This is particularly true when, as in the case of Miss Pearce the degree of mental handicap is not severe. We seek to place great emphasis on developing patients' potential by education and training and on avoiding unnecessary segregation from the community in general. Thus it is now quite usual for mentally handicapped patients to be allowed, indeed encouraged, to leave hospital during the day and, either on their own or with a member of the hospital staff, to visit neighbouring towns and villages. The opportunity to become involved in everyday life is a significant element in treatment and rehabilitation and is encouraged.

The result of treatment in Miss Pearce's case led to her being said to have been well integrated and happy, and she was regarded as a very reliable high grade patient. She was quite capable of travelling by bus and shopping on her own, and quite often went into Studley. Until 31st December last year she had never disappeared from the hospital unexpectedly, nor was she ever missing when her medication was due. On the basis of that the hospital staff saw no reason to discourage her visits to Studley, nor did they believe there to be a risk of her not returning for medication, which was vital to her.

During her last few months at Abbey-fields Miss Pearce formed a relationship with another patient, with whom she ultimately disappeared, and this was of concern to the hospital staff. Dr. Goulden even suggested to Mr. and Mrs. Pearce that their daughter should be transferred to another hospital nearer their home at Leamington Spa, but the Pearce family would not agree. I do not criticise them for that. They had no reason to know what was to happen. Nevertheless, that is why she was not transferred. The staff, however, had no reason to believe that the couple would disappear.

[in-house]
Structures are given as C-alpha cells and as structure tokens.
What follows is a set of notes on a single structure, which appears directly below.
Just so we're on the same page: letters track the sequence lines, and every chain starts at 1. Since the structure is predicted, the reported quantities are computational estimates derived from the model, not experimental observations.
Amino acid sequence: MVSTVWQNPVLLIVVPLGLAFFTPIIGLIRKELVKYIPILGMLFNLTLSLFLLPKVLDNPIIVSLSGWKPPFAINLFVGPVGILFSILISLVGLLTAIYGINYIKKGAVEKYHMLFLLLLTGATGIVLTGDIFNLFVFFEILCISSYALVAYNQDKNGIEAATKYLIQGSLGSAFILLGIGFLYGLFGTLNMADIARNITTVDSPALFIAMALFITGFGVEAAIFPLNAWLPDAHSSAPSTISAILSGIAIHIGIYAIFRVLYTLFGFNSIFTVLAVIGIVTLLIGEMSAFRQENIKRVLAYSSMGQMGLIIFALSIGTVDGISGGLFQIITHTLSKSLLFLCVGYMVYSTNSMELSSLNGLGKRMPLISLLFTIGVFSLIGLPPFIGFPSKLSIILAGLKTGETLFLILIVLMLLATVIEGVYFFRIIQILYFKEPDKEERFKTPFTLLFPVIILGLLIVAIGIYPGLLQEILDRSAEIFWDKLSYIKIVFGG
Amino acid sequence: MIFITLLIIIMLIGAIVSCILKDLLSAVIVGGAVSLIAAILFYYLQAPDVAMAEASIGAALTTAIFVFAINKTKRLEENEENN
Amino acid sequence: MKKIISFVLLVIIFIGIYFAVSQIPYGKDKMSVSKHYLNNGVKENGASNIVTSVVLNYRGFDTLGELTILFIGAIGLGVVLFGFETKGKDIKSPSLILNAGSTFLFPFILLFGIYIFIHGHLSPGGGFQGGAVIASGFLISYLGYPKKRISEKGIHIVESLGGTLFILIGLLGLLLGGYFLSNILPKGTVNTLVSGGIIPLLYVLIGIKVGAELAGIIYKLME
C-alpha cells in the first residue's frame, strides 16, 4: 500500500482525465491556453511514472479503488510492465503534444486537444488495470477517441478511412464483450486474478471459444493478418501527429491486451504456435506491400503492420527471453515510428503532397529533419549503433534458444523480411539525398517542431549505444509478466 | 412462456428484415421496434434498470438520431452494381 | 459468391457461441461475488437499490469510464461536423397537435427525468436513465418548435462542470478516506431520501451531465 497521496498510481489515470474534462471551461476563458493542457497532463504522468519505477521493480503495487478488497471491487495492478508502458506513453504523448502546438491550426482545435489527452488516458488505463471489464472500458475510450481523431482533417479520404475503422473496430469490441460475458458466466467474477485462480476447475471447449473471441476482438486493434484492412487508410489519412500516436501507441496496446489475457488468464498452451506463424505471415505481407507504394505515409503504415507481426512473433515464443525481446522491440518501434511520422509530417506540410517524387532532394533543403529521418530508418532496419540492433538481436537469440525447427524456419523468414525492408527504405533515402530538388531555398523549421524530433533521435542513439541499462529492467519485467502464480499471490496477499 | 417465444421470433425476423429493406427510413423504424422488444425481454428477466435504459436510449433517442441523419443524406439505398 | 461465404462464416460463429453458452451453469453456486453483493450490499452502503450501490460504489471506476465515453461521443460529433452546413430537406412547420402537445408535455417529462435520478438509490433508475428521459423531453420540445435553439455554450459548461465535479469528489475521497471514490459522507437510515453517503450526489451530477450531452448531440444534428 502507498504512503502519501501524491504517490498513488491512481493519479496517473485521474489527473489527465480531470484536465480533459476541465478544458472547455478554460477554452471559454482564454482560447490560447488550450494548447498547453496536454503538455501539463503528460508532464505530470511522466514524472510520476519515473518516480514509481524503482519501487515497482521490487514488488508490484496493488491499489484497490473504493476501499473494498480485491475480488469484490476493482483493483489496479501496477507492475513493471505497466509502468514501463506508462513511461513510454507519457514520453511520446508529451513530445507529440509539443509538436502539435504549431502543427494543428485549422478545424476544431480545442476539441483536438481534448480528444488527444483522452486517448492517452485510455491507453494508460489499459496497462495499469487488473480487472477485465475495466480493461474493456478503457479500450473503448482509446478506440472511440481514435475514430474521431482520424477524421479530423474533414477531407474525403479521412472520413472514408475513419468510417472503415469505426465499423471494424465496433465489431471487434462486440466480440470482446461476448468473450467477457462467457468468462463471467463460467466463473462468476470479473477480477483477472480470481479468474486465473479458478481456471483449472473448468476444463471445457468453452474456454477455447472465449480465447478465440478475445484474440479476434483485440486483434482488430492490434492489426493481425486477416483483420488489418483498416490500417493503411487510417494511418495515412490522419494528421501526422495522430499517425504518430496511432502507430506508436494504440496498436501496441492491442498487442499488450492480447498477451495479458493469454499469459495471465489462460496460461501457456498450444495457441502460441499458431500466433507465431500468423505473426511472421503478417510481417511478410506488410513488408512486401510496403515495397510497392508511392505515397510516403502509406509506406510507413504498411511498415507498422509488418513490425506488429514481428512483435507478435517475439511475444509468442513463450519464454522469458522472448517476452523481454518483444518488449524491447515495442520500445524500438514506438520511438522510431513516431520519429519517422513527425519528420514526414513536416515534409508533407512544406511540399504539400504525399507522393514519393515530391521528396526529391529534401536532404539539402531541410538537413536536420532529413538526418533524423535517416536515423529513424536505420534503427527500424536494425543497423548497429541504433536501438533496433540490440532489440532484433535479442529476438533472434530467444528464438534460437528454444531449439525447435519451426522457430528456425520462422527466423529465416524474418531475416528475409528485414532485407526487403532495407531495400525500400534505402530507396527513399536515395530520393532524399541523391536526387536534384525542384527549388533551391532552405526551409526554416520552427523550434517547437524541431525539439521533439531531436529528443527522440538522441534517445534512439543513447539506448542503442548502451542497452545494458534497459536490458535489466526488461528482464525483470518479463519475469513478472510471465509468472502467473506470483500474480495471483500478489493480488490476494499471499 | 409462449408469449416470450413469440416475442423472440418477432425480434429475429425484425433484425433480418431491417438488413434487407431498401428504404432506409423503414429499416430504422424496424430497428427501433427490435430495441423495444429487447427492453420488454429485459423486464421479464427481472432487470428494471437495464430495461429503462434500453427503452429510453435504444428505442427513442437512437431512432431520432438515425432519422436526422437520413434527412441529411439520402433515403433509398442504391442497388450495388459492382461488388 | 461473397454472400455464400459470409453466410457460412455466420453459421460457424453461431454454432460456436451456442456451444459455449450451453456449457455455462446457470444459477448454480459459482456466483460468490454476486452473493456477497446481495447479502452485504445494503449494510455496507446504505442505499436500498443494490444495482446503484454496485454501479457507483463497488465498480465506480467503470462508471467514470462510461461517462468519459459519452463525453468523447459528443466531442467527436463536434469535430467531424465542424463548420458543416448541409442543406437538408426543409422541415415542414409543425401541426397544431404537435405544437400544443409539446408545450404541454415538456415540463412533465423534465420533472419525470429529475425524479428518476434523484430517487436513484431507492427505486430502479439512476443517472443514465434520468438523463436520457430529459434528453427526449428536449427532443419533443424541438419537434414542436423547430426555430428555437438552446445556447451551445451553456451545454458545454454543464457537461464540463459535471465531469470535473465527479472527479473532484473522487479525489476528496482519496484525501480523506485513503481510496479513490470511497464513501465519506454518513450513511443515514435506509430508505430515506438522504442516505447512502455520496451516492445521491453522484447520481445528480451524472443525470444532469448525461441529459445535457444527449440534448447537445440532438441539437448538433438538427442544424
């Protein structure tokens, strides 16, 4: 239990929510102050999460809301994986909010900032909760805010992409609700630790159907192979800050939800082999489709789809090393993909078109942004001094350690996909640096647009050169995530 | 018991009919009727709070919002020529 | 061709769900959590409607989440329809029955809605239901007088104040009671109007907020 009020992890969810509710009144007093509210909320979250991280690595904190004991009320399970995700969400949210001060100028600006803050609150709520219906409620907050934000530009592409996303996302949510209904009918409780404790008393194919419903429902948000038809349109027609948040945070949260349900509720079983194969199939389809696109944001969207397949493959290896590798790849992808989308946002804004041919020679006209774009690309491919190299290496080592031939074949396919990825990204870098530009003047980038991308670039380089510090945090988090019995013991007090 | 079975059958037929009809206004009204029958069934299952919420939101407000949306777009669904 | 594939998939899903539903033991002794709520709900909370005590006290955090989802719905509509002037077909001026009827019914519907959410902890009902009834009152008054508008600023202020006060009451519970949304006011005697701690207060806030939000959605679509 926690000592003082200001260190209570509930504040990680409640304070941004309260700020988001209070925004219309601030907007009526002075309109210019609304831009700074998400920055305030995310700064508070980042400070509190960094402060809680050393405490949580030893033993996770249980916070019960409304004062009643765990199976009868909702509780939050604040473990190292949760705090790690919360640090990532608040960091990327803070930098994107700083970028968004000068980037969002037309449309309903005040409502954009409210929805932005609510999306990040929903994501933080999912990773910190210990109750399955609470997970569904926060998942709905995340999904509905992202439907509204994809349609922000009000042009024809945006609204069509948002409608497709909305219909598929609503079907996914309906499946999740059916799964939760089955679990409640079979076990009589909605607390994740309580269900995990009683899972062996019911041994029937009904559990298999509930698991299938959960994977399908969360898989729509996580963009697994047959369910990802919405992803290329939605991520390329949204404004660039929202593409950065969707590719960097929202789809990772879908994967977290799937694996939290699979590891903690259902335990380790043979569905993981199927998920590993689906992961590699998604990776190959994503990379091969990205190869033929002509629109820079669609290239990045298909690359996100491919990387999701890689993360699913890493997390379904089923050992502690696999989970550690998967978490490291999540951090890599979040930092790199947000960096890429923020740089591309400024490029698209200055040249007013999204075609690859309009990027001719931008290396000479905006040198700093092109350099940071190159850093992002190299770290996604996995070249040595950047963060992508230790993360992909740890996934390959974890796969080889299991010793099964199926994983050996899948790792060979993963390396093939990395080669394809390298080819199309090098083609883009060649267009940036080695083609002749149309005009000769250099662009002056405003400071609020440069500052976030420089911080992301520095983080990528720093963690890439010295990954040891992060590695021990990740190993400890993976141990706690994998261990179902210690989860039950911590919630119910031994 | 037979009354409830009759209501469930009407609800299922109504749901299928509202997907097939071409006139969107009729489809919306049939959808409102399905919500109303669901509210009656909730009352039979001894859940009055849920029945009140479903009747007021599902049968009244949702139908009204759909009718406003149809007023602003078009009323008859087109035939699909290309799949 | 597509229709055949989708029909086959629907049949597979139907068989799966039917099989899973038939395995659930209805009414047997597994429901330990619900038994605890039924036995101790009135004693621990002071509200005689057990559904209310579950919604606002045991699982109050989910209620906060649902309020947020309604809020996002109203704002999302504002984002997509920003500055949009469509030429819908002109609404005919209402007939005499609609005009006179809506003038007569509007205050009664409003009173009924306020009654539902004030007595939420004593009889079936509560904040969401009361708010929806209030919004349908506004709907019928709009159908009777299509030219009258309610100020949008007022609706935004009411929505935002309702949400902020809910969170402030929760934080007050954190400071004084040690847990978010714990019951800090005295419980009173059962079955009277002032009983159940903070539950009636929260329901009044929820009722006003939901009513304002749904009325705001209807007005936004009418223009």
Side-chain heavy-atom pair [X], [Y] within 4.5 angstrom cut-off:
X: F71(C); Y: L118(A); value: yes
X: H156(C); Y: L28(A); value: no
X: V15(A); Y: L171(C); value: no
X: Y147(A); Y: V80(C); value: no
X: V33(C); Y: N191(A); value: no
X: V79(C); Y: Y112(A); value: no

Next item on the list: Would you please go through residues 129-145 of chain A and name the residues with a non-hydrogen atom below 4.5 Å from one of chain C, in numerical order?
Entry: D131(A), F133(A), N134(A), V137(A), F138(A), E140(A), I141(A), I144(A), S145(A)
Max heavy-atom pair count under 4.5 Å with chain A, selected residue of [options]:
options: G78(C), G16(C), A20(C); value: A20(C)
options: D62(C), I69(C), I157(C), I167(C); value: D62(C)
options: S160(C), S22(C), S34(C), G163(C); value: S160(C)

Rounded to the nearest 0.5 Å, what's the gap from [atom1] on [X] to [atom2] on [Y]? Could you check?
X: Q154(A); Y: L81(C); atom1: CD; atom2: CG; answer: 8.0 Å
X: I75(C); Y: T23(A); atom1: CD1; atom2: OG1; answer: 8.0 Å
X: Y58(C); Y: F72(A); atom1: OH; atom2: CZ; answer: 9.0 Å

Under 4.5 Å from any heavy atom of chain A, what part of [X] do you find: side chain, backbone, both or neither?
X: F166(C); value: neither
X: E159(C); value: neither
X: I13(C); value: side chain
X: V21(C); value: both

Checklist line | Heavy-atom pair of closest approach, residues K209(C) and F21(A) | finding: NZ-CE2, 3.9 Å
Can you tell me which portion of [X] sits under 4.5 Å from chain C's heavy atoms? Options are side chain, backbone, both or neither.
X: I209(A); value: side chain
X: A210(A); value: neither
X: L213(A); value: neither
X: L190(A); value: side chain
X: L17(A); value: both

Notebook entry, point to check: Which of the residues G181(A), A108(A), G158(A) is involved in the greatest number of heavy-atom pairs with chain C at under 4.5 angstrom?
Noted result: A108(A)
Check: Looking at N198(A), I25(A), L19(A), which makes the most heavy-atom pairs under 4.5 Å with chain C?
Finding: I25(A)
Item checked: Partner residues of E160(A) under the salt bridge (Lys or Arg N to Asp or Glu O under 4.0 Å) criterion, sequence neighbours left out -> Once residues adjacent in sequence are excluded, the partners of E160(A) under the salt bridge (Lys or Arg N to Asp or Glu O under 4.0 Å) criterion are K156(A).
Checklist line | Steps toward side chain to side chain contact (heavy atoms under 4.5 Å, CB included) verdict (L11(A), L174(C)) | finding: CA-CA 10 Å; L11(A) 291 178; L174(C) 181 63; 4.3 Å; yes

The patient with whom Miss Pearce formed a relationship was at the hospital under Section 60 of the Mental Health Act. Possibly this should have made the authorities more vigilant in their supervision of Miss Pearce. The patient concerned had a history of petty theft and indecent exposure and is alleged to have set fire to some buildings at a hospital he attended many years before. However, he had, and indeed has, no record of violence and the hospital authorities saw no reason to confine him to the hospital grounds. There is certainly no suggestion that he exercised violence towards or harmed Miss Pearce in any way.

When Miss Pearce was reported missing—this was at around 6 o'clock in the evening when her medication was scheduled—Miss Pearce's consultant informed her parents and the police were alerted. A constable visited the hospital during the same evening to get details of both patients, and the police have confirmed that the hospital made it clear to them that Miss Pearce suffered from epilepsy, was dependent on drugs and was at risk without them. On the third day after Miss Pearce's disappearance the hospital rang the police again to emphasise the danger to her health if she was without medication.

When the hon. Gentleman wrote asking that an inquiry be set up into the circumstances surrounding Miss Pearce's disappearance, two questions seemed to be of key importance. Was there any indication of irresponsibility on the part of the hospital, and was there any failure in putting in hand efforts to find Miss Pearce?